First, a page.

(Reuters) - Top U.S. Food and Drug Administration regulators said on Saturday that most Americans with allergies should be safe to receive the COVID-19 vaccine developed by Pfizer Inc and Germany’s Biotech SE.
The FDA, which authorized the nation’s first COVID-19 vaccine on Friday night, said that only people who have previously had severe allergic reactions to vaccines or ingredients in this particular vaccine should avoid getting the shot.
“We’re telling people that unless they’ve had a severe allergic reaction to the vaccine, or one of its components, they can receive it,” Dr. Peter Marks, director of the FDA division that authorized the vaccine, said at a press conference.
After Britain began inoculations this week, two people with severe allergies reported side effects and the British medicine regulator advised that anyone with a history of anaphylaxis to a medicine or food should not get the Pfizer-BioNTech vaccine.
“About 1.6% of the population has had a severe allergic reaction of some sort or another to a food or some environmental aspect and we would really not like to have that many people not be able to receive the vaccine,” Marks said.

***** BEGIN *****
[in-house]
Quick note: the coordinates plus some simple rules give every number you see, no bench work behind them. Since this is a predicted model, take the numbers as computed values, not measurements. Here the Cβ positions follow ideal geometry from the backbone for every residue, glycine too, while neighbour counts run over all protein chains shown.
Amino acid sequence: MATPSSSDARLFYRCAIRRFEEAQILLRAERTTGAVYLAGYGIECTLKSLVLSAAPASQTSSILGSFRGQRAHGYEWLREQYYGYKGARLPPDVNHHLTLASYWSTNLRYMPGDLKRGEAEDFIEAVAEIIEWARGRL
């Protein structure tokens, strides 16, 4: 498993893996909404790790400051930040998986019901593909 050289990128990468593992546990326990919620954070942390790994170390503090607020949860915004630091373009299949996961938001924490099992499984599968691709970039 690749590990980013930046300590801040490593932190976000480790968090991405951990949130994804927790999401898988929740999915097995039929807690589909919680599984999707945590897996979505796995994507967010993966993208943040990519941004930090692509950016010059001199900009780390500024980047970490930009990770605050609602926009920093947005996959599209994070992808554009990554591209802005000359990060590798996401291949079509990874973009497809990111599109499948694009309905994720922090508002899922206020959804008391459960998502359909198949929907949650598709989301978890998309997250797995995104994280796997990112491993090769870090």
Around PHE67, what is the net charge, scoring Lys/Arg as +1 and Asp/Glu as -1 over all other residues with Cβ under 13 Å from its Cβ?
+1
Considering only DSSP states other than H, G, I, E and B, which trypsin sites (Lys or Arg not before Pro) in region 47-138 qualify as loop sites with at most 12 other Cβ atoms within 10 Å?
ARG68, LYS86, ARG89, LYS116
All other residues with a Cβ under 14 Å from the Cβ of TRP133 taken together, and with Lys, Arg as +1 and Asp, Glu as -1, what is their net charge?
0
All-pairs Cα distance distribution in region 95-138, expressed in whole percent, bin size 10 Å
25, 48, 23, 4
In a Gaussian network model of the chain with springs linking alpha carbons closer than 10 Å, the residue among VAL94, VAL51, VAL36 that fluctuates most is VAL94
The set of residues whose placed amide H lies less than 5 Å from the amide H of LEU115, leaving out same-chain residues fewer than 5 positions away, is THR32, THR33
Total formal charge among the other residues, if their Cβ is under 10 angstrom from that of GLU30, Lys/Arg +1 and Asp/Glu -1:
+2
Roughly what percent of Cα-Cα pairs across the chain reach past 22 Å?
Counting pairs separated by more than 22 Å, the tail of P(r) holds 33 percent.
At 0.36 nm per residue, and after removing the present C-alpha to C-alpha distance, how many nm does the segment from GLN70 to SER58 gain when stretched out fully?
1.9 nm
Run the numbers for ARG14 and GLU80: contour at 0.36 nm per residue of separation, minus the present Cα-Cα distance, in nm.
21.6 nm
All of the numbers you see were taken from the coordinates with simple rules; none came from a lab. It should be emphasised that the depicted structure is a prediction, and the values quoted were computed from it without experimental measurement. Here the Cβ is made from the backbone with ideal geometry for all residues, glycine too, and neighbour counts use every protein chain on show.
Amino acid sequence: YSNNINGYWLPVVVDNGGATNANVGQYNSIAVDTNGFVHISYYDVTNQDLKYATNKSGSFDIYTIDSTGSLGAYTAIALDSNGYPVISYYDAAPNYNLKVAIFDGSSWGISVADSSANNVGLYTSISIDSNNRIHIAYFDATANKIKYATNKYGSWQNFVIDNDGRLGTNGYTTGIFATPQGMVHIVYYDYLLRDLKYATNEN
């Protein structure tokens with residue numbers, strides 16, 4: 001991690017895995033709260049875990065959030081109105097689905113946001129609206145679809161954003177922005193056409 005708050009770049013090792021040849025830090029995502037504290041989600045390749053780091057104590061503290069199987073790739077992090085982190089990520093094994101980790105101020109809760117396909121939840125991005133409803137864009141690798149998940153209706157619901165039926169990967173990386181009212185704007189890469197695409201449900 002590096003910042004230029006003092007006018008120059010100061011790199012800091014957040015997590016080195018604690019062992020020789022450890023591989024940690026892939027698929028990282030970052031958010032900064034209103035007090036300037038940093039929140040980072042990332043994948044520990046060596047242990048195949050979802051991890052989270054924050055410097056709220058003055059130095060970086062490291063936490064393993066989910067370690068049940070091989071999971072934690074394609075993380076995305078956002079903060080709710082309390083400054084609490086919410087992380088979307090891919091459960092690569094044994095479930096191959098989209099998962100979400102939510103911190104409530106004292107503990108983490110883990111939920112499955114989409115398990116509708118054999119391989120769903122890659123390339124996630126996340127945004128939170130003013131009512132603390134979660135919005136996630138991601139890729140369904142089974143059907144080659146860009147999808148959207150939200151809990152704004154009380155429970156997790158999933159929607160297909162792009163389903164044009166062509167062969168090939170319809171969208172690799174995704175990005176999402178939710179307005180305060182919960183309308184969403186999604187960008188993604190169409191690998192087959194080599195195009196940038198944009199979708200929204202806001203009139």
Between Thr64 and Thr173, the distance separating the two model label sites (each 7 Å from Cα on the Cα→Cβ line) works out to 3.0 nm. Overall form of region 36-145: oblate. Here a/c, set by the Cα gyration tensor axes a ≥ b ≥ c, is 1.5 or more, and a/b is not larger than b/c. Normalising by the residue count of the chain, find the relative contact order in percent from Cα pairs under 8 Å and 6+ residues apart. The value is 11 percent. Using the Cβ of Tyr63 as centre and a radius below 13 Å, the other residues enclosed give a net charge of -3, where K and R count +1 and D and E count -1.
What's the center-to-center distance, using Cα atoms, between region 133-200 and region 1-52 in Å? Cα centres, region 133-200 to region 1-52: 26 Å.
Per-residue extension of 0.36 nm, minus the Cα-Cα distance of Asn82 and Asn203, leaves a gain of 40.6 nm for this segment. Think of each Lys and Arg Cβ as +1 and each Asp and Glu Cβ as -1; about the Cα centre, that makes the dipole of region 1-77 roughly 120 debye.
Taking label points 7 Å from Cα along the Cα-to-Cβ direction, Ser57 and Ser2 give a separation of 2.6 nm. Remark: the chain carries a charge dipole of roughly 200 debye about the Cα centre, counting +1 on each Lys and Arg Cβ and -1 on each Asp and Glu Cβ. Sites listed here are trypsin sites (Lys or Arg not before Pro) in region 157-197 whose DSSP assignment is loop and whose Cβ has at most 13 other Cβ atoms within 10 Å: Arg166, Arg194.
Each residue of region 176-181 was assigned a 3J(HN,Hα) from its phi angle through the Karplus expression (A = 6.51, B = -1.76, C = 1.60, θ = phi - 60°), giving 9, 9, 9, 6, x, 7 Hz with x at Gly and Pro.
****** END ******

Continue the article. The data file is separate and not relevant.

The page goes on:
The vaccine is seen as a key tool in stemming the coronavirus pandemic that has killed nearly 300,000 people in the United States.
The FDA advised people with allergies to consult with their doctors to make sure that they are not allergic to any of the component of the vaccine.
Pfizer executives said on Friday that there had been no cases of severe allergic reactions to the vaccine during its nearly 44,000 volunteer late-stage clinical trial. That trial excluded people with a history of severe allergic reactions to any vaccine or to the Pfizer-BioNTech vaccine’s ingredients.
They said there were no anaphylactic episodes related to the vaccine in the trial, which did include about 6,000 participants respectively in both the vaccine and placebo groups with a range of allergic conditions such as pollen allergies and food allergies. Those participants had a history of symptoms including anaphylaxis.
Reporting by Michael Erman; Editing by Caroline Humer and Daniel Wallis
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